When the atomic bomb went off over Hiroshima on Aug. 6th, 1945, 70,000 lives were ended in a flash. To the American people who were weary from the long and brutal war, such a drastic measure seemed a necessary, even righteous way to end the madness that was World War II.
However, the madness had just begun. That August morning was the day that heralded the dawn of the nuclear age, and with it came more than just the loss of lives. According to Archibald MacLeish, a U.S. poet, “What happened at Hiroshima was not only that a scientific breakthrough . .
. had occurred and that a great part of thepopulation of a city had been burned to death, but that the problem of the relation of the triumphs of modern science to the human purposes of man had been explicitly defined.” The entire globe was now to live with the fear of total annihilation, the fear that drove the cold war, the fear that has forever changed world politics. The fear is real, more real today than ever, for the ease at which a nuclear bomb is achieved in this day and age sparks fear in the hearts of most people on this planet. According to General Douglas MacArthur, “We have had our last chance. If we do not devise some greater and more equitable system, Armageddon will be at our door.” The decision to drop the atomic bomb on Japanese citizens in August, 1945, as a means tobring the long Pacific war to an end was justified-militarily, politically and morally.
The goal of waging war is victory with minimum losses on one’s own side and, if possible, on the enemy’s side. No one disputes the fact that the Japanese military was prepared to fight to the last man to defend the home islands, and indeed had already demonstrated this determination in previous Pacific island campaigns. A weapon originally developed to contain a Nazi atomic project was available that would spare Americans hundreds of thousands of causalities in an invasion of Japan, and-not incidentally-save several times more than that among Japanese soldiers and civilians. The thousands who have died in the atomic attacks on Hiroshima and Nagasaki were far less than would have died in an allied invasion, and their sudden deathsconvinced the Japanese military to surrender. Every nation has an interest in being at peace with other nations, but there has never been a time when the world was free ofthe scourge of war.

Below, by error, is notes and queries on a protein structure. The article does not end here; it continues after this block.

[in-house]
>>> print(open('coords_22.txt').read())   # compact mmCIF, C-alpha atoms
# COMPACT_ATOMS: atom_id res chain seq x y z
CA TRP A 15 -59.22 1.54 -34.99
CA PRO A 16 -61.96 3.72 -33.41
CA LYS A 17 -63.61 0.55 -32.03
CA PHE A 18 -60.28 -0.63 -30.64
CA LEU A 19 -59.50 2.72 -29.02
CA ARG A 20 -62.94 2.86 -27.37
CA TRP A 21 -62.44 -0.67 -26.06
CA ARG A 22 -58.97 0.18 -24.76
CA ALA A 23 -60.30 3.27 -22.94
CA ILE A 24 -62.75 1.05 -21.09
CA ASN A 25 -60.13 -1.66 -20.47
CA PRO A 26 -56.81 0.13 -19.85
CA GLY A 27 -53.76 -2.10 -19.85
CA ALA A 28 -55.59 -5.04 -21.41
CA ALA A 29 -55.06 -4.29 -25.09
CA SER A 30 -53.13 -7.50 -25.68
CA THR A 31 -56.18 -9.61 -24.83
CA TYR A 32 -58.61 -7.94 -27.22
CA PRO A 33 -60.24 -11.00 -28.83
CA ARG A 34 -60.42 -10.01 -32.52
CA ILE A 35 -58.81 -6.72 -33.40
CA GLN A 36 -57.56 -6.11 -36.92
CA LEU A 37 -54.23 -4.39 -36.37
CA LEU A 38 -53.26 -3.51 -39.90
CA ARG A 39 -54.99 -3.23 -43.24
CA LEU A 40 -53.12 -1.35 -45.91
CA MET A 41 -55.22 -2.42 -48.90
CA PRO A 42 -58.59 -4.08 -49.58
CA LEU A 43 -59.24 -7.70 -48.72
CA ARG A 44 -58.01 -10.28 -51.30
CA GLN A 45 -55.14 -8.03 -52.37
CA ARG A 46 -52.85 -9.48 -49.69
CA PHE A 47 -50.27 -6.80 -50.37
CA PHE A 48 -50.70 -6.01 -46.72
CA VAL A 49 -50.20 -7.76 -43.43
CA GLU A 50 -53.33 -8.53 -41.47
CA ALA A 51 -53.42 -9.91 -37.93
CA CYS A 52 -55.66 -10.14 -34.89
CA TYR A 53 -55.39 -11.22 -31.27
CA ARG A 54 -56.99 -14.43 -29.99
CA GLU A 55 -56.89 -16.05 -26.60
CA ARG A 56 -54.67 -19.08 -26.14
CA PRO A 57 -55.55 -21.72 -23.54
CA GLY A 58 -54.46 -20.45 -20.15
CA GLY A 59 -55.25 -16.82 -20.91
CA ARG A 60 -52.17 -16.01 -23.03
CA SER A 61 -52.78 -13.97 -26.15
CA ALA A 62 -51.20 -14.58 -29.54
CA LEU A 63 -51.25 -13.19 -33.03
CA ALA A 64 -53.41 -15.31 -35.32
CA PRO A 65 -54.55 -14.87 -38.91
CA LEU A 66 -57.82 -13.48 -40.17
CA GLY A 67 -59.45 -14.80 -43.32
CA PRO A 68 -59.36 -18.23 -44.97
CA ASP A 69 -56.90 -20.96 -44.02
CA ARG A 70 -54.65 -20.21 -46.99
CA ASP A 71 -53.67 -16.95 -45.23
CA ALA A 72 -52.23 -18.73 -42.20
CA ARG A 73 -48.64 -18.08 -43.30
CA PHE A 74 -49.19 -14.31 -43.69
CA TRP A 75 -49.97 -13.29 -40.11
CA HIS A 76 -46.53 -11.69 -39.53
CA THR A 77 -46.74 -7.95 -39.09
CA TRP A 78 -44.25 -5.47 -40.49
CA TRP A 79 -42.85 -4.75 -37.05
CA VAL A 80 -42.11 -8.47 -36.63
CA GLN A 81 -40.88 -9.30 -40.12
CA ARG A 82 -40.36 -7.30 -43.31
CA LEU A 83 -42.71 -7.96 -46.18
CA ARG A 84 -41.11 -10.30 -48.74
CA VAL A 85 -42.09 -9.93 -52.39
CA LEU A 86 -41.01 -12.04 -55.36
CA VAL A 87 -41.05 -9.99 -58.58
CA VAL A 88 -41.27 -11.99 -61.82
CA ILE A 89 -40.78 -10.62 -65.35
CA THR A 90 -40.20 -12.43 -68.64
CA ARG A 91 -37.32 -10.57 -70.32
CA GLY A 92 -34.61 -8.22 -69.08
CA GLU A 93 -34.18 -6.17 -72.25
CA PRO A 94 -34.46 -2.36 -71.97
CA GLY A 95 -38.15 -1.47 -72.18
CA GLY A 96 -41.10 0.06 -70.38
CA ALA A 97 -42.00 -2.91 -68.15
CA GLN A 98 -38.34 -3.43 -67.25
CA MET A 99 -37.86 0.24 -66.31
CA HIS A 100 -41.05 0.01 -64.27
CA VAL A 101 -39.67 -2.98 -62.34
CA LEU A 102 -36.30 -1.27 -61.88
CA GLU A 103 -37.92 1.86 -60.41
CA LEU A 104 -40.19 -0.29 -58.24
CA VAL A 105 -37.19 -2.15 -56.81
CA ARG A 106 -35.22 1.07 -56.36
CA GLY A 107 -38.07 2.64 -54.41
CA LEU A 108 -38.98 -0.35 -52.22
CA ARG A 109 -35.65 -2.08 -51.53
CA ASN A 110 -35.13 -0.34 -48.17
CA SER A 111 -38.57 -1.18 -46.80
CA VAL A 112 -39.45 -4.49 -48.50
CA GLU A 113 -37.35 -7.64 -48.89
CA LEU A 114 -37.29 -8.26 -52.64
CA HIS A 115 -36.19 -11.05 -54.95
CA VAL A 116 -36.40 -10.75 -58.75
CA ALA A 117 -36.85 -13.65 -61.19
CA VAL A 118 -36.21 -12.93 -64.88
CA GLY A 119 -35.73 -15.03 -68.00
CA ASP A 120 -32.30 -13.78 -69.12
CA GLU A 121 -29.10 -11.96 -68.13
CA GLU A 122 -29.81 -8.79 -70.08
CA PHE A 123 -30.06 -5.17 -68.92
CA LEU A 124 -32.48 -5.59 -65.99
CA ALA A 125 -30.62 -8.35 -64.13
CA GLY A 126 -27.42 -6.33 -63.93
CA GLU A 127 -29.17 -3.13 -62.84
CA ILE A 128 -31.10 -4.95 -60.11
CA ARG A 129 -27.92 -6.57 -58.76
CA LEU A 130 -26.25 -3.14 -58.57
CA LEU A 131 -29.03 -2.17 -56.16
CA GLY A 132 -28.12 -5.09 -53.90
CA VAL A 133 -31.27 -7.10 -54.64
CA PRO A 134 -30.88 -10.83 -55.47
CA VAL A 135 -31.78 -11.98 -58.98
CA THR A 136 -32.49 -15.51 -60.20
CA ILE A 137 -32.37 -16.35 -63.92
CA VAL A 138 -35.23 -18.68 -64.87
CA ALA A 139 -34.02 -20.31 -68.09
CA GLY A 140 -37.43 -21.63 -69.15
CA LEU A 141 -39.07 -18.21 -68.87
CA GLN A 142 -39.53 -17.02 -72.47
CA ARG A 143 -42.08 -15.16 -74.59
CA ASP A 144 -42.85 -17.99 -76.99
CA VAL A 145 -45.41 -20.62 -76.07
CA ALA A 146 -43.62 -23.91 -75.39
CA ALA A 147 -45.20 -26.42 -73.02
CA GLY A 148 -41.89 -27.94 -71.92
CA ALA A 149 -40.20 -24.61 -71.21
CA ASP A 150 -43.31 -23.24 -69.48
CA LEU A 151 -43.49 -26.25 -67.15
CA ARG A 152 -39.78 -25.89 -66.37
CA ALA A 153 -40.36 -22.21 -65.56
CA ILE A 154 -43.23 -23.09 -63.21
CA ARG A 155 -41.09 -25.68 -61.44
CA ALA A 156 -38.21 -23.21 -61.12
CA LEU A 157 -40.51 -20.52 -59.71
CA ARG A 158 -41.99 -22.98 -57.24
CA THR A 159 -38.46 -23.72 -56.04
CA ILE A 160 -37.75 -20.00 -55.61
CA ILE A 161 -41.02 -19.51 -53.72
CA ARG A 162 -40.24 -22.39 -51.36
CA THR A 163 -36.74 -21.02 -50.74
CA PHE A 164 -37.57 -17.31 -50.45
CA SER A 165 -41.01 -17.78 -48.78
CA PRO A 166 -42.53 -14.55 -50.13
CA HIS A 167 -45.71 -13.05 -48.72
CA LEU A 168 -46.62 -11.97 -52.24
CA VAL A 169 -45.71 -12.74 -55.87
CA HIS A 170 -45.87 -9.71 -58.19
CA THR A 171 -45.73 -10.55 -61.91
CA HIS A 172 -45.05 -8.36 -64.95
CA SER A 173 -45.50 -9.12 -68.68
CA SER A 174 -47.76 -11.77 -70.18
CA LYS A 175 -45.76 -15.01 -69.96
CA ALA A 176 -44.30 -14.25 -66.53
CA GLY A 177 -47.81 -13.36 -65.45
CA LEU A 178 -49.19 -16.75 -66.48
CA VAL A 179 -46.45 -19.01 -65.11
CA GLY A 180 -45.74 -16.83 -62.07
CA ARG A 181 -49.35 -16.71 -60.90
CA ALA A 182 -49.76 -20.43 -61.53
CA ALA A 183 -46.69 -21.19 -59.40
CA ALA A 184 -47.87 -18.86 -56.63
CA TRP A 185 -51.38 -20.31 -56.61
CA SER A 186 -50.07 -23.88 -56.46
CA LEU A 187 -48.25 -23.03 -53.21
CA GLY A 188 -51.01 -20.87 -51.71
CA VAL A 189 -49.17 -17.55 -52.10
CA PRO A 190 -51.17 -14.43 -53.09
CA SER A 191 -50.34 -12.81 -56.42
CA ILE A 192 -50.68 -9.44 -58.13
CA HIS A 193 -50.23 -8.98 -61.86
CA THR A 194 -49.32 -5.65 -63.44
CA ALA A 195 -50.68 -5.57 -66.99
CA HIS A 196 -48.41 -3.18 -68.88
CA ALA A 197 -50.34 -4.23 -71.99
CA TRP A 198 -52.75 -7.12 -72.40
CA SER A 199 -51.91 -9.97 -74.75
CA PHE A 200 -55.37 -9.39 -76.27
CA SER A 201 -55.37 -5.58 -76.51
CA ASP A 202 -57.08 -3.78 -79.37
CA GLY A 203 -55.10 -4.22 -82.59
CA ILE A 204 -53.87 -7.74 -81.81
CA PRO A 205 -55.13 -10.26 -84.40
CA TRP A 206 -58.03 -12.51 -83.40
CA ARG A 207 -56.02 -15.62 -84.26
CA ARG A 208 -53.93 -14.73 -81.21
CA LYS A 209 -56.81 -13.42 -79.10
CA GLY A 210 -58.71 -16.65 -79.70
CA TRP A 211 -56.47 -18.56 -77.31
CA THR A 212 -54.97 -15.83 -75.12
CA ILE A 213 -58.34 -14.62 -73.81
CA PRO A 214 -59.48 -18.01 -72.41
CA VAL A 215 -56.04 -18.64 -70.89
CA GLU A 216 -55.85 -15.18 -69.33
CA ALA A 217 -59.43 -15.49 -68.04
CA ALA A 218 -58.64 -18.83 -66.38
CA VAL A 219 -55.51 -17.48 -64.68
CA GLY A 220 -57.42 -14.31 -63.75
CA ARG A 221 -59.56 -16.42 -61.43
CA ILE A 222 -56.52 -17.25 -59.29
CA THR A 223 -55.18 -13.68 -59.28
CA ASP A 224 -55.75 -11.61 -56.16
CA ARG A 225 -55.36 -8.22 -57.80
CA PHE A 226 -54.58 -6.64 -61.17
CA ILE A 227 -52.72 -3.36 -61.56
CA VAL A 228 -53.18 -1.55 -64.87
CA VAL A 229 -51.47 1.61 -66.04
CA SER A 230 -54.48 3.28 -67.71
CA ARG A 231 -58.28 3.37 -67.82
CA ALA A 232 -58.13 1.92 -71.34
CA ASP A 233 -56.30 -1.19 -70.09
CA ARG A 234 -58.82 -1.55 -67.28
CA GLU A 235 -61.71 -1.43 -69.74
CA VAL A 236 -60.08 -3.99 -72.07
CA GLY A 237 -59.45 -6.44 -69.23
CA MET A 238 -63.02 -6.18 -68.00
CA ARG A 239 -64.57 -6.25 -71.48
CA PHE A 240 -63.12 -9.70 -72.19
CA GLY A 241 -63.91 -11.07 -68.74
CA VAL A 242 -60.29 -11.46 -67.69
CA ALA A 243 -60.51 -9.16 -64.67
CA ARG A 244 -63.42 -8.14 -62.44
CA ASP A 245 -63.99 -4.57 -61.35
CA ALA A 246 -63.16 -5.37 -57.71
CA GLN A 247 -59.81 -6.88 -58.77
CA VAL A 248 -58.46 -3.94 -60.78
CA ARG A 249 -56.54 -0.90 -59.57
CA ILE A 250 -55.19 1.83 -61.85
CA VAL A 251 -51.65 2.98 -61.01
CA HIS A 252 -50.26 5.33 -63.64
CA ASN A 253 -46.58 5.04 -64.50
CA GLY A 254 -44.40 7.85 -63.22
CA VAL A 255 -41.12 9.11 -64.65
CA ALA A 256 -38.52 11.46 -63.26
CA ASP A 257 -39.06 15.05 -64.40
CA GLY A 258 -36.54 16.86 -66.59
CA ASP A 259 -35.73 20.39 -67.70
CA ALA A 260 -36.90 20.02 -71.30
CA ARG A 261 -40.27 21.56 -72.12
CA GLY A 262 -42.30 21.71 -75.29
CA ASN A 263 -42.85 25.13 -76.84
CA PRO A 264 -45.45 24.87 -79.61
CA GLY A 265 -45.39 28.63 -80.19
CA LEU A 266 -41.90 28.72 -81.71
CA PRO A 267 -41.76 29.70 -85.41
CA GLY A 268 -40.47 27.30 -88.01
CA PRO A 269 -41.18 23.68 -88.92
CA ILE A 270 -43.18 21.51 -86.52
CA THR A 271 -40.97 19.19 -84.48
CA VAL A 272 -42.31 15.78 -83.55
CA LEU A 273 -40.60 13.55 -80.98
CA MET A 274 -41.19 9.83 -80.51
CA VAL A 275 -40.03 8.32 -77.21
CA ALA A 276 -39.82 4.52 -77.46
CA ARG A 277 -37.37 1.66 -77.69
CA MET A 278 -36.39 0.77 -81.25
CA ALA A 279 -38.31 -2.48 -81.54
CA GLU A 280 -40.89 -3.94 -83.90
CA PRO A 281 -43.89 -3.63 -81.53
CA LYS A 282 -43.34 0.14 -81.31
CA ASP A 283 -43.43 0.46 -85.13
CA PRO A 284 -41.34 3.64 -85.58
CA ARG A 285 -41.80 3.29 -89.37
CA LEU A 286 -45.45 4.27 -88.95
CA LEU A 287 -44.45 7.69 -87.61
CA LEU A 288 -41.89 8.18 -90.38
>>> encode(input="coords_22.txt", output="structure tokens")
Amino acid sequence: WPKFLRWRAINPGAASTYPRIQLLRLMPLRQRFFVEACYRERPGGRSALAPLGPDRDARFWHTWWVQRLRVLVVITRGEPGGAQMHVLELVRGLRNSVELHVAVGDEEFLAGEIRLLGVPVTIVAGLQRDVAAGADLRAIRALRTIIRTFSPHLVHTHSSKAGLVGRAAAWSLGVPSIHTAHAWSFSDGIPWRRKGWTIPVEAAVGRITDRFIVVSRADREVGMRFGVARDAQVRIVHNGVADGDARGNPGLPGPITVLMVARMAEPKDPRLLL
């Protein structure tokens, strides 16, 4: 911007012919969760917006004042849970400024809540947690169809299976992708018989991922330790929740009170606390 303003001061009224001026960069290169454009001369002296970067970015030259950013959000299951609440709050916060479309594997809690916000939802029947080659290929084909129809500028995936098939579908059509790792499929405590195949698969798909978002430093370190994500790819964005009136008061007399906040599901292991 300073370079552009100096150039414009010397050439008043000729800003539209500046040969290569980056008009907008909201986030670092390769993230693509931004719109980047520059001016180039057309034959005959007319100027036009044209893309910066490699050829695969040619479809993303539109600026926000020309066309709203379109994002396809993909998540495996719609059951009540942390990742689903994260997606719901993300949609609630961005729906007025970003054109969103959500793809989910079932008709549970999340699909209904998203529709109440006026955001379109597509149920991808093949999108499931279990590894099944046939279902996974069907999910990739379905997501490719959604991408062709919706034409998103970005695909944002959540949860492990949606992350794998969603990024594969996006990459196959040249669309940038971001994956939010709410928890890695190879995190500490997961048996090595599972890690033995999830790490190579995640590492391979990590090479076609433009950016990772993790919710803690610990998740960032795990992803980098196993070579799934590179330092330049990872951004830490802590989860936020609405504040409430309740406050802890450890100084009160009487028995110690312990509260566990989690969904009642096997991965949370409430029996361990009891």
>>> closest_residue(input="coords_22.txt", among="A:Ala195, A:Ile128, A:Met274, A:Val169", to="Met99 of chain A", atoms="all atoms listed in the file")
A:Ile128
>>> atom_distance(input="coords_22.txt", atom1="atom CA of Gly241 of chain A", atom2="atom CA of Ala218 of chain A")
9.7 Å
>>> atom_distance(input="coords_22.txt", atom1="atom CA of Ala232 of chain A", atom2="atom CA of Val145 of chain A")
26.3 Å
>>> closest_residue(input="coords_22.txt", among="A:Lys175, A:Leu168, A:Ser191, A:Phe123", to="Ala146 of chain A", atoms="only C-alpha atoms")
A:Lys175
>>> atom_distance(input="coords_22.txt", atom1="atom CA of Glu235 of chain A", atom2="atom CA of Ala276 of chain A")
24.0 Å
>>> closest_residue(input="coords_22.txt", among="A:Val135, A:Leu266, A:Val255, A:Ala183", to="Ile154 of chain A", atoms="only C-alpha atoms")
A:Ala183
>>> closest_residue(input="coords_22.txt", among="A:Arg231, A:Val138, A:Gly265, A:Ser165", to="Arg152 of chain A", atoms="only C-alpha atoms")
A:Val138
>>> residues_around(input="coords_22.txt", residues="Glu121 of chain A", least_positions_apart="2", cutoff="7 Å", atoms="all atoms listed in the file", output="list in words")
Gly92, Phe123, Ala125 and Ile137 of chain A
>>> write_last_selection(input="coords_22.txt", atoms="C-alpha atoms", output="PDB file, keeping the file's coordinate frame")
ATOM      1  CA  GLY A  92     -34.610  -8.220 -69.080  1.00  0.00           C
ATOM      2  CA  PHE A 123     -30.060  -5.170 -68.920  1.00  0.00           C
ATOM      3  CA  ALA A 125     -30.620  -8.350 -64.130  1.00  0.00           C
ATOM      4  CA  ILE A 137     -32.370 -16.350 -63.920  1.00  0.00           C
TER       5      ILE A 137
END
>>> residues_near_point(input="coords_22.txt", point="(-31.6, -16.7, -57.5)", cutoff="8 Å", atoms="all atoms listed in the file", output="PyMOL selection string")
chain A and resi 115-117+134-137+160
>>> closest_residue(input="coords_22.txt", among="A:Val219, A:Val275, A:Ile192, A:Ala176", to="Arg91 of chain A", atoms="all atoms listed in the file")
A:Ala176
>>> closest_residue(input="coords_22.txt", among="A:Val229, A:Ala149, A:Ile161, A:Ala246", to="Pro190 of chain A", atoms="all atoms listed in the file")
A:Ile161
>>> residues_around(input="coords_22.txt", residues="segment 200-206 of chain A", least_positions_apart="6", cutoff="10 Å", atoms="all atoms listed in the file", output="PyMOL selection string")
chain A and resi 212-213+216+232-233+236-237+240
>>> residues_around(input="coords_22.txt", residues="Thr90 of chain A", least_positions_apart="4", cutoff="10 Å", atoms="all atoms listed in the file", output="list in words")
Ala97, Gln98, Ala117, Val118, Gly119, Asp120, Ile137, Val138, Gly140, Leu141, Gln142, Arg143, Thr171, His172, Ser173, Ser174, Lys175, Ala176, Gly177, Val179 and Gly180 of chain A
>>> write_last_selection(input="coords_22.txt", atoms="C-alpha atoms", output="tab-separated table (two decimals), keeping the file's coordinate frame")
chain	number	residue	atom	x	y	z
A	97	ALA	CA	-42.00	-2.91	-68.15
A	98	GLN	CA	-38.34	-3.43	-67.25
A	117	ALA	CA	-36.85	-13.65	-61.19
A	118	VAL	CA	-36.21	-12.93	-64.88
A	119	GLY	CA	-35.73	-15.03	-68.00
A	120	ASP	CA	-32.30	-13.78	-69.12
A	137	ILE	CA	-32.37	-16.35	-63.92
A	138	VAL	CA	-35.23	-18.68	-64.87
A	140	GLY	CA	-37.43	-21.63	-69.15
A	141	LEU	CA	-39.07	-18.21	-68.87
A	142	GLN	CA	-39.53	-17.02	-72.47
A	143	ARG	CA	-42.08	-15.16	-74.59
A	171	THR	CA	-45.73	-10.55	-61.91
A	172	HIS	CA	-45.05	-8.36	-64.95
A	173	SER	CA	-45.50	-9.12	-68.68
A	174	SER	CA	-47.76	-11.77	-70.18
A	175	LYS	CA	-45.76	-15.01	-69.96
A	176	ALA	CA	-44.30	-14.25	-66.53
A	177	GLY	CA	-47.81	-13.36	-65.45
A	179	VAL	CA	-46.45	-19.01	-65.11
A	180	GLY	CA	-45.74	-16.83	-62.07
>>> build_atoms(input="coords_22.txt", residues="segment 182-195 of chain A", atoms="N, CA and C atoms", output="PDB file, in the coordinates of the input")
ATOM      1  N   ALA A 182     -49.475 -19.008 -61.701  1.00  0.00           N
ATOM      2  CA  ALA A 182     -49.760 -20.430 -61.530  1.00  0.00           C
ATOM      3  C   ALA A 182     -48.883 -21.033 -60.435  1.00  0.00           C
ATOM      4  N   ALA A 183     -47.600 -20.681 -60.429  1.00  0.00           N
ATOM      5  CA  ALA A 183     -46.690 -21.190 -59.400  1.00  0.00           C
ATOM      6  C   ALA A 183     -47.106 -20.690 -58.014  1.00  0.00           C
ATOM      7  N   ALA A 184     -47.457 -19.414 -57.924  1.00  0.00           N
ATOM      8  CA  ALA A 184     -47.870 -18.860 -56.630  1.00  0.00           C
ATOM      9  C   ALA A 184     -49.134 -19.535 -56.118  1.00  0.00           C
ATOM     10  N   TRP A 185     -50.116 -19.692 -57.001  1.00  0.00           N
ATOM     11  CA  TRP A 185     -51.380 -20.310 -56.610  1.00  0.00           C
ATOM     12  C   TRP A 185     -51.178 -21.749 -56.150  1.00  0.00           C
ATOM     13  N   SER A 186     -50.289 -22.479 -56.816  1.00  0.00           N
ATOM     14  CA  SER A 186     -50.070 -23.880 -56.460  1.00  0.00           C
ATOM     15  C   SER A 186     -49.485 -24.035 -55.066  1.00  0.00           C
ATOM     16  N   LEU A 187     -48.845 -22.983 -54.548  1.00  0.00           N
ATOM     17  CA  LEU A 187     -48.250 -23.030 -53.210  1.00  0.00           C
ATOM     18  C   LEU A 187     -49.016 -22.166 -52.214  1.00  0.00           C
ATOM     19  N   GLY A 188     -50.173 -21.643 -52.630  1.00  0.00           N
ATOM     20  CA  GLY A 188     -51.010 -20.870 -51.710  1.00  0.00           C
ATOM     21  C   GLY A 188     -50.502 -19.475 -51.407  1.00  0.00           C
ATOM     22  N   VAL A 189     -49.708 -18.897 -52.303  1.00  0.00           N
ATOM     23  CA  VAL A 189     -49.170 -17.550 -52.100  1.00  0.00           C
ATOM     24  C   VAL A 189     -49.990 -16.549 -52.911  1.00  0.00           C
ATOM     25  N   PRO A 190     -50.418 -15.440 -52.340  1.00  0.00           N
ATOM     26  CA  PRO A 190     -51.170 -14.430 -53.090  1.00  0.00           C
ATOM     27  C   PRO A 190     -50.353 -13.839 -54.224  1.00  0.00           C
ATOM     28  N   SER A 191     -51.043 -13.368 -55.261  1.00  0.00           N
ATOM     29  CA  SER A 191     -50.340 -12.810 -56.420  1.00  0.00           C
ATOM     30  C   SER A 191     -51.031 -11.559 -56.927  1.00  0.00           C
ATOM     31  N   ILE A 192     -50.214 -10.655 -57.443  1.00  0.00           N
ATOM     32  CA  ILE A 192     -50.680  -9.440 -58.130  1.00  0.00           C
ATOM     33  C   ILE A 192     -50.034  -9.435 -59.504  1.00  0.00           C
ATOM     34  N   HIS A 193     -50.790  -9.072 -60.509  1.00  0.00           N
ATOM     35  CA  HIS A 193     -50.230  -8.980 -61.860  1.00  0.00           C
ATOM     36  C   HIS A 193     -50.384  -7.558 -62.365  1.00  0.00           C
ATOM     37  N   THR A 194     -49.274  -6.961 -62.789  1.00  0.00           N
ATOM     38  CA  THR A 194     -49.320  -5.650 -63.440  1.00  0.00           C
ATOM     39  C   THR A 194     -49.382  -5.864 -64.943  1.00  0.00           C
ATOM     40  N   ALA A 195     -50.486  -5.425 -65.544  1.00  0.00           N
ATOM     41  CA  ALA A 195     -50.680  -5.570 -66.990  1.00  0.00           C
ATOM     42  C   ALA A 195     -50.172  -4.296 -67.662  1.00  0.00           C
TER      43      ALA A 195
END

Hence, peaceful nations must always have adequate military force at their disposal in order to deter or defeat the aggressive designs of rogue nations. The United States was therefore right in using whatever means were necessary to defeat the Japanese empire in the war which the latter began, including the use of superior or more powerful weaponry-not only to defeat Japan but to remain able following the war to maintain peace sufficiently to guarantee its own existence. A long, costly and bloody conflict is a wasteful use of a nation’s resources when quicker, more decisive means are available. Japan was not then-or later-the only nation America had to restrain, and an all-out U.S. invasion of Japan would have risked the victory already gained in Europe in the face of the palpable thereat of Soviet domination. Finally, we can never forget the maxim of Edmund Burke: “The only thing necessary for the triumph of evil is that good men donothing.” The Japanese attack on Pearl Harbor brought us into a war which we had vainly hoped to avoid.
We could no longer “do nothing” but were compelled to “do something” to roll back the Japanese militarists. Victims of aggression have every right both to end the aggression and to prevent the perpetrator of it from continuing or renewing it. Our natural right of self defense as well as our moral duty to defeat tyranny justified our decision to wage the war and, ultimately, to drop the atomic bomb.
We should expect political leaders to be guided by moral principles but this does not mean they must subject millions of people to needless injury or death out of a misplaced concern for the safety of enemy soldiers or civilians. President Truman’s decision to deploy atomic power in Japan revealed a man who understood the moral issues at stake and who had the courage to strike a decisive blow that quickly brought to an end the most destructive war in human history. Squeamishness is not a moral principle, but making the best decisions at the time, given the circumstances, is clear evidence that the decision maker is guided by morality.The atomic bomb was considered a “quick” and even economical way to win the war; however, it was a cruel and unusual form of punishment for the Japanese citizens.